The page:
Bootleggers cover
Designer Ray Eifler
Don Beyer
Steve Gross
Publisher Eagle Games
released 2004
Players 3-6
Playing Time 90 minutes


reviewed by Moritz Eggert

"Eagle Games" is mostly known for "light" wargame-type games with monstrous boards and tons of plastic figures. Not all of these games have been equally successful, but so far the company has been willing to learn from it's mistakes and to constantly improve their designs. Their newest game, "Bootleggers", is a radical departure in many ways. Already "Age of Mythology" had some "Euro Game" elements, but "Bootleggers" is their first game to be officially presented as a "Euro-American-hybrid" game, purposely mixing the best of the two worlds. But "Bootleggers" is also NOT a wargame. Although the game material is lush as always with Eagle games, this time the map is only 1/3 as big (still big by any account), and there are definitely no combat dice to be rolled. Instead players take over the role of roaring 20's gangsters, who try to make big bucks by selling illegal whiskey in the speakeasies on the gameboard.

The rules are very extensive and include many pictured examples. One might think at first glance that this is a complicated game, but it ain't. In fact, the game mechanics are very straightforward.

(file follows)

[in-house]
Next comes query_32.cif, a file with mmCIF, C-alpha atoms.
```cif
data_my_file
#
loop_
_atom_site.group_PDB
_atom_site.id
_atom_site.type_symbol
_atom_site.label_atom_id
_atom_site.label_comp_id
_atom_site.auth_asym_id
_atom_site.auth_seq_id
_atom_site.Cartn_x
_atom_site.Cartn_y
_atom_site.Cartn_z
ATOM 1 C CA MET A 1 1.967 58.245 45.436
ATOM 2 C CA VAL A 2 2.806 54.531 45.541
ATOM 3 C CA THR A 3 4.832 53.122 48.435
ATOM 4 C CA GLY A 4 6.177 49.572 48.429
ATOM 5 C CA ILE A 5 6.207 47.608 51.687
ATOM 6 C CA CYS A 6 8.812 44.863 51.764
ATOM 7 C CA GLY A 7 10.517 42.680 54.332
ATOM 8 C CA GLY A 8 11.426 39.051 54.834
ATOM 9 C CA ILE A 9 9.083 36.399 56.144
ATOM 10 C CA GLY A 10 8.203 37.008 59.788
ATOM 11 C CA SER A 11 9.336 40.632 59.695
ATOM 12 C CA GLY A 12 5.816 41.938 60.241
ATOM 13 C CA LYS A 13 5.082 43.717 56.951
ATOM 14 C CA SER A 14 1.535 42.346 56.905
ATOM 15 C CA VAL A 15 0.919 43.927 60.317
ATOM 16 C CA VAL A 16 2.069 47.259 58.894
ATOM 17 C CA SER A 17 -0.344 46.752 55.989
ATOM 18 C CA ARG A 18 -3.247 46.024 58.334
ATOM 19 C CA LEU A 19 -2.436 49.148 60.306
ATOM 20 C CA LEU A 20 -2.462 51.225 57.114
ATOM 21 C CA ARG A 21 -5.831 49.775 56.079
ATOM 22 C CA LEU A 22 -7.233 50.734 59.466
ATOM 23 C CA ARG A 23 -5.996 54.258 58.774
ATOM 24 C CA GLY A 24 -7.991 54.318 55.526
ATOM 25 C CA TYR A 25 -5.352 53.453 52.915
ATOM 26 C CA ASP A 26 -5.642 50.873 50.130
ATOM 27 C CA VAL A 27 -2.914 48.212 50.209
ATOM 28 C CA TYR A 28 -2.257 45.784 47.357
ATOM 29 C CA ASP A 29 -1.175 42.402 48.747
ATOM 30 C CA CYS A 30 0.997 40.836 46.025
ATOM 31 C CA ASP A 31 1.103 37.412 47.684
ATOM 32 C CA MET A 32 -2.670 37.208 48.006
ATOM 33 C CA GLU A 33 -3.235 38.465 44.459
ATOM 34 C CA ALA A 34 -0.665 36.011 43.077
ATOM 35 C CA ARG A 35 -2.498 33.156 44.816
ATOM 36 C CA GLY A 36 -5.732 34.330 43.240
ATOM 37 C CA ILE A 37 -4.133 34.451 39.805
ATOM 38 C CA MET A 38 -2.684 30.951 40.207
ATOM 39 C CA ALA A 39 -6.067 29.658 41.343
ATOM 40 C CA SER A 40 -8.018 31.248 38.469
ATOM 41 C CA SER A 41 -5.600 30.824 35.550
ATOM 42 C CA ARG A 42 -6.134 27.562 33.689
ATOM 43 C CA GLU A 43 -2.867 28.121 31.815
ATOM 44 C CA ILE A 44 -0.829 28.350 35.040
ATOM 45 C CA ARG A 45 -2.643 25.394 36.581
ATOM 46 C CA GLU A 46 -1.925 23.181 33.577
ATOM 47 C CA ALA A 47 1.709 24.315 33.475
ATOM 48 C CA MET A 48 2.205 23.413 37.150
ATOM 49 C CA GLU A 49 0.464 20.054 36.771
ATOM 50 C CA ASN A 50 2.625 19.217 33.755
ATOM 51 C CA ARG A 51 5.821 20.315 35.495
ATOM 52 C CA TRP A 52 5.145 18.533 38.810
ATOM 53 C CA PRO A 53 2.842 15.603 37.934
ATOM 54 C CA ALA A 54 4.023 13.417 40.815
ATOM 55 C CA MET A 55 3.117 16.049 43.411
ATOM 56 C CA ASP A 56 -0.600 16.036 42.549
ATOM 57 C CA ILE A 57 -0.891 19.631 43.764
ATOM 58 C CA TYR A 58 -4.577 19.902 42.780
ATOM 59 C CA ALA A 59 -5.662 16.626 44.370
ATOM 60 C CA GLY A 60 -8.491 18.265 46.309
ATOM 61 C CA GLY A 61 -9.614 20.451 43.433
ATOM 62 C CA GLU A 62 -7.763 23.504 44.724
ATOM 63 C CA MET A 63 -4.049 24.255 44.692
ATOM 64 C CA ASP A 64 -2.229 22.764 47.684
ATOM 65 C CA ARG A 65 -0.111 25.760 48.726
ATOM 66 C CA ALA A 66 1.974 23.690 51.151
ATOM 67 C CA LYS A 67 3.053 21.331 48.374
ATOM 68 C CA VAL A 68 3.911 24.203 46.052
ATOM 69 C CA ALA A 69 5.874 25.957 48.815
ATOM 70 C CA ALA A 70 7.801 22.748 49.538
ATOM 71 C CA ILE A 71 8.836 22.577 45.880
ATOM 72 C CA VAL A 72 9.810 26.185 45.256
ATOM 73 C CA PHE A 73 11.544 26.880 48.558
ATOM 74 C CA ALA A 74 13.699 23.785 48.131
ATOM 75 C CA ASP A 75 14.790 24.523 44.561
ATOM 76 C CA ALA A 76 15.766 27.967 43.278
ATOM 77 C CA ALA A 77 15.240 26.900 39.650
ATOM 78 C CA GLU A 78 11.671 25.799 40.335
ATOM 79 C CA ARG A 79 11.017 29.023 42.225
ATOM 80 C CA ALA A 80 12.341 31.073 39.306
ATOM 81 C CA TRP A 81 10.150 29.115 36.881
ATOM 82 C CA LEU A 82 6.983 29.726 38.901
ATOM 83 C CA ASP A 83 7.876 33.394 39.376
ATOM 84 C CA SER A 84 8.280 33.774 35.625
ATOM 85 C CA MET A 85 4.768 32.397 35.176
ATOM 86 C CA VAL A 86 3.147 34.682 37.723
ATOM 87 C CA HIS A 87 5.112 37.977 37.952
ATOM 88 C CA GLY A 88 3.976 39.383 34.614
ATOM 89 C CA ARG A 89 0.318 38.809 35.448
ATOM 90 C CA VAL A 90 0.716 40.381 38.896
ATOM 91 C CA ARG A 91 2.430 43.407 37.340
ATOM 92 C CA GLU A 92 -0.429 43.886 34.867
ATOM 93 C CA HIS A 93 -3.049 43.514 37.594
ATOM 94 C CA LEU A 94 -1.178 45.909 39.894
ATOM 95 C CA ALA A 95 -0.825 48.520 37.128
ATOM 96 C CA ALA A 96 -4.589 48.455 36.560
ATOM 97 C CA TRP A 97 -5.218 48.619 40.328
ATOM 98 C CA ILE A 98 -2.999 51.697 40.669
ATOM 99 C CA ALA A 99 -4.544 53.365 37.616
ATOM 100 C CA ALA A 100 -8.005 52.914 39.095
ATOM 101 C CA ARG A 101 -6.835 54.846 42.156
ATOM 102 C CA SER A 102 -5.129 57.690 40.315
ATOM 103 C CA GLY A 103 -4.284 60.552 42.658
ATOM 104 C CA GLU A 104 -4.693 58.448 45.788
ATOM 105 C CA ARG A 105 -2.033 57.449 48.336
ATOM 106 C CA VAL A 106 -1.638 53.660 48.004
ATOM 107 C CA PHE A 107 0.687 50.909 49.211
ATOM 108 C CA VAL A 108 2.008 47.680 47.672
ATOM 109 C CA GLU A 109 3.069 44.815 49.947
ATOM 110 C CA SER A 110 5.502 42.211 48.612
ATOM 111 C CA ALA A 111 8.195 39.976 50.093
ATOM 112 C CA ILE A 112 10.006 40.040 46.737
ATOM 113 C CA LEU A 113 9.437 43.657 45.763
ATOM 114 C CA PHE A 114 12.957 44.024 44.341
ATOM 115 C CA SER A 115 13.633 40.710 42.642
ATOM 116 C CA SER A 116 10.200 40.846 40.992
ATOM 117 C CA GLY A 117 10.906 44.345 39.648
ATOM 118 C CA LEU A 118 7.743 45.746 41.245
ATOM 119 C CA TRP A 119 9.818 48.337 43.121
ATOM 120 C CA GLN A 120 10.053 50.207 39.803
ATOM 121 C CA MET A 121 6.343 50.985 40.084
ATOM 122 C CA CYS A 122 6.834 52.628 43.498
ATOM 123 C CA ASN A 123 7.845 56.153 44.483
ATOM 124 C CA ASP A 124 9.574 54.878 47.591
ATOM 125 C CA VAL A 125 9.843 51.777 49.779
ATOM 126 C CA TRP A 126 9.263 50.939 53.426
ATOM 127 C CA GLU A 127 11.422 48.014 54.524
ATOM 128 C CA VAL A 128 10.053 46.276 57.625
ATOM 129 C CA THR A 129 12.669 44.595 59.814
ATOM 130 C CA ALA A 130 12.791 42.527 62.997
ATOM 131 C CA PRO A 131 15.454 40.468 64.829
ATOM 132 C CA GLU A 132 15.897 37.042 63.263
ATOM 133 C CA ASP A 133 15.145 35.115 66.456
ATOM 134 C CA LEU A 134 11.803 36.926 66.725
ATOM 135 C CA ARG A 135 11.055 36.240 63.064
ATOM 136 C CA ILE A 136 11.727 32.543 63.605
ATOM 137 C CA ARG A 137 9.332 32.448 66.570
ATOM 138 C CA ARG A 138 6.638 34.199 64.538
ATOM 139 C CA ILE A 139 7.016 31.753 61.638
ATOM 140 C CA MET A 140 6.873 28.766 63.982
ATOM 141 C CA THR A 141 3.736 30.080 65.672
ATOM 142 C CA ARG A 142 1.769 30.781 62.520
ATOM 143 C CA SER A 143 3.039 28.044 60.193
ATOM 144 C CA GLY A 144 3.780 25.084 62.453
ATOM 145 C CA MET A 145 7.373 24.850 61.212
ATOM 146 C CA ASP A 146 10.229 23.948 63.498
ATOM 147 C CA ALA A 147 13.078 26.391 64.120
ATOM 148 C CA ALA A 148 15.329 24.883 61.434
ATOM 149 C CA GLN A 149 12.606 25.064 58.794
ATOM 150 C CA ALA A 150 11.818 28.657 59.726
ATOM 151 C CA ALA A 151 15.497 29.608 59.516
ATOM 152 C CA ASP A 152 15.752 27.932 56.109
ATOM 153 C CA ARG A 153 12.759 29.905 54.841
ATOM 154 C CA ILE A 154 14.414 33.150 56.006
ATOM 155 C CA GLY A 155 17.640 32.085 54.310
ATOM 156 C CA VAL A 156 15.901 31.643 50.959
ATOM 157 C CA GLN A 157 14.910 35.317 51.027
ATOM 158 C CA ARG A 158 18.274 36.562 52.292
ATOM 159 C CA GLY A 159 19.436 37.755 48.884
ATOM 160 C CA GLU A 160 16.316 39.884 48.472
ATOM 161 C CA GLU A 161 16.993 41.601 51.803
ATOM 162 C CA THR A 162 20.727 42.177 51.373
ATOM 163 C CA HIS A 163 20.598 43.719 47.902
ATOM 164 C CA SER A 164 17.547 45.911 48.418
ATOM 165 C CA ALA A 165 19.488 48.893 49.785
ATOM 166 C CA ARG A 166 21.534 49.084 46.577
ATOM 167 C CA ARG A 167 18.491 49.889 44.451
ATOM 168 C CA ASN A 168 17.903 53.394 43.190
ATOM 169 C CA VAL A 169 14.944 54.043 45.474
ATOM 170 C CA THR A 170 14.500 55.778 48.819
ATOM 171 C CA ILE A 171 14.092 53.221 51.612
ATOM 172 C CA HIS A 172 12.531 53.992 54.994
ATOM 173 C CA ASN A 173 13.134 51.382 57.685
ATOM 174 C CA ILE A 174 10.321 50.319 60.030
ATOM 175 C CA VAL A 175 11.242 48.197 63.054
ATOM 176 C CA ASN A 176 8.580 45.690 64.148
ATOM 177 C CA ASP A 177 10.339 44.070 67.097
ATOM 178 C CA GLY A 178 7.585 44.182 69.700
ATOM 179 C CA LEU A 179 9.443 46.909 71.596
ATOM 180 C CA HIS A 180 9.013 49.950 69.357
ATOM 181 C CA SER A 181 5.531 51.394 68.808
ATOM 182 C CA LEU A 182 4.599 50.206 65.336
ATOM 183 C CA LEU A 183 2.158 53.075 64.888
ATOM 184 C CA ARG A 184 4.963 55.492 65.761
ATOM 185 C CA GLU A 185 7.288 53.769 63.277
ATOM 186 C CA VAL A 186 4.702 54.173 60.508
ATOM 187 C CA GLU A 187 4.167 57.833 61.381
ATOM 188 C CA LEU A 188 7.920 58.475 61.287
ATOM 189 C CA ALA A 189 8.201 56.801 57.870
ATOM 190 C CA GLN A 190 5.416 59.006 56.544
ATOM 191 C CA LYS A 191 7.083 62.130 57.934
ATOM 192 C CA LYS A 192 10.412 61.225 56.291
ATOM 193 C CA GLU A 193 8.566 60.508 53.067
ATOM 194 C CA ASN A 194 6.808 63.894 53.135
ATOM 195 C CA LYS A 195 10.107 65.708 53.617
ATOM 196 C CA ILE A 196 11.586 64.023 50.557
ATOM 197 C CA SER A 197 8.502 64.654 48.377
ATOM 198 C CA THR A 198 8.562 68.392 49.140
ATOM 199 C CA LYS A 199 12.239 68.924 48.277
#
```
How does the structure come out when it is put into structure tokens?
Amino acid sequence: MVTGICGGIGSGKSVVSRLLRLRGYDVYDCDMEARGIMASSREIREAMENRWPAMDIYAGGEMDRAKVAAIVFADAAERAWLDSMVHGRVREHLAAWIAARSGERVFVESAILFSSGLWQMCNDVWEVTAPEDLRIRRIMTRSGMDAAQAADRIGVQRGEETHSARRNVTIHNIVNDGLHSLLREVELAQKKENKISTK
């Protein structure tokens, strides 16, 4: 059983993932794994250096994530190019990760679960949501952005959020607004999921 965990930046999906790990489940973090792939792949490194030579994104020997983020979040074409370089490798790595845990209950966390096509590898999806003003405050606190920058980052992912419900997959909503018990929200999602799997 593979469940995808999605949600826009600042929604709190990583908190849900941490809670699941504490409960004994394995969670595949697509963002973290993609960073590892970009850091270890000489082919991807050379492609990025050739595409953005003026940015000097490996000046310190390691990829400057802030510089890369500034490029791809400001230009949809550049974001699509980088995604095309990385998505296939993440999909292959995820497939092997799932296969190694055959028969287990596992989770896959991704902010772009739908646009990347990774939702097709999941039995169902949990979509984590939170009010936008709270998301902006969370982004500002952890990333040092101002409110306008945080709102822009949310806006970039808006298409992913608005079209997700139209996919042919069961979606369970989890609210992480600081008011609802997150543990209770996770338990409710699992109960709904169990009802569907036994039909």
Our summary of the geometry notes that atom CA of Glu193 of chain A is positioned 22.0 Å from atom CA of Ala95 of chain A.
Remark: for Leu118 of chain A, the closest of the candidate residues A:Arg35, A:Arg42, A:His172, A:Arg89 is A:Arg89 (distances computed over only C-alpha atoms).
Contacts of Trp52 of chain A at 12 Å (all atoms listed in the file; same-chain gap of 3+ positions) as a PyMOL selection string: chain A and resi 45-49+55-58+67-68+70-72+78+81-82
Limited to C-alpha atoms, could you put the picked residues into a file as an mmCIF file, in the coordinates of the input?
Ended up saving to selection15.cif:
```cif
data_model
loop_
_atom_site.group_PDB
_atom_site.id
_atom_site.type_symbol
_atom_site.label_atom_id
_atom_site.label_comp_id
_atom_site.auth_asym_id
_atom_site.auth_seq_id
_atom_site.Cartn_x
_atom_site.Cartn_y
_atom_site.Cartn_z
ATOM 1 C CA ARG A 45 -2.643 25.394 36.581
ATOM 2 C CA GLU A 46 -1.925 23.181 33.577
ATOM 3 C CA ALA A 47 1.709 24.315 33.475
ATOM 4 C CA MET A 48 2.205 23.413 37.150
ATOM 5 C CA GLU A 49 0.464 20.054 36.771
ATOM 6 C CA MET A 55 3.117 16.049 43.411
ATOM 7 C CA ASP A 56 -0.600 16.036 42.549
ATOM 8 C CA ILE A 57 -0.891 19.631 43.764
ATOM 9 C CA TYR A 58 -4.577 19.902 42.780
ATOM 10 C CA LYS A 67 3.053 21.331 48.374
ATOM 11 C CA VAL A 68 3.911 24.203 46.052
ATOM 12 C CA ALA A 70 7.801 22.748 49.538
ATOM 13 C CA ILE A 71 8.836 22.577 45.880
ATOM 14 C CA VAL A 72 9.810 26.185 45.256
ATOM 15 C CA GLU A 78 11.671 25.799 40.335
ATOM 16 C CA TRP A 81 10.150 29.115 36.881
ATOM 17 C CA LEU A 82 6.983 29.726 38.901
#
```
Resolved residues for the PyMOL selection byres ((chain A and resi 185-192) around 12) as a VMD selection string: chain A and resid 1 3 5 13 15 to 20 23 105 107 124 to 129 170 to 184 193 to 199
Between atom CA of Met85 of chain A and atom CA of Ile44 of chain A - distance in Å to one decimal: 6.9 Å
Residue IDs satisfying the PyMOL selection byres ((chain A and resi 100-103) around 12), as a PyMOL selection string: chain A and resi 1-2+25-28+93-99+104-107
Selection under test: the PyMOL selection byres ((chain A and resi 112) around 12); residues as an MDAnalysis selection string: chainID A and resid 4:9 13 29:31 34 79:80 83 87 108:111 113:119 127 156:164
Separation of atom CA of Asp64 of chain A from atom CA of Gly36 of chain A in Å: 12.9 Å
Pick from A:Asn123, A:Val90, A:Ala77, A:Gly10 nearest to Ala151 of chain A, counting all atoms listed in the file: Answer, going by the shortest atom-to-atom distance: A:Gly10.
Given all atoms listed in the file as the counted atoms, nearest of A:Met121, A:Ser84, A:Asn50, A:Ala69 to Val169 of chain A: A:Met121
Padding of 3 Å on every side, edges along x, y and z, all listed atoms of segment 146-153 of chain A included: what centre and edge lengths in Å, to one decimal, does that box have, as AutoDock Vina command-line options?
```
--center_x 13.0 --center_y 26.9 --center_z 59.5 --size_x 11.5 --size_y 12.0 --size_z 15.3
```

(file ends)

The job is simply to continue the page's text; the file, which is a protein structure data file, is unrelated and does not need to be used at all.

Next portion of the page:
The game is played over 12 rounds. Each round's turn order is decided by the play of "muscle" cards (a "Euro" mechanic), of which none has exactly the same number, but everybody gets a roughly equal distribution of high and low cards. This is in fact one of the more ingenious ideas of the game, as "muscle" also decides who places his trucks first and so on, so it is an interesting decision when to play your high or low cards.

Players now select "action" cards (also a "Euro" mechanic), which allow them to do various things like getting influence markers (represented by mean looking guys with a Tommy gun; they are first placed on your distillery, then move to the various speakeasies to gain influence). They are also used for upgrading your distillery or the consumption of speakeasies, or come as "take that" or "thug" cards, which usually mess with other players (an "American" mechanic). One can also buy additional trucks, which are necessary to bring the whiskey to the speakeasies (you start with a "4" truck, which can handle 4 crates of evil spirits).

Next, your distillery produces whiskey, the amount of which is determined by a die roll ("American" mechanic) for each distillery or distillery upgrade you have.

Some players will now want to trade, as they either have too much or too little whiskey, and the game explicitly allows all kinds of deals and backstabbing.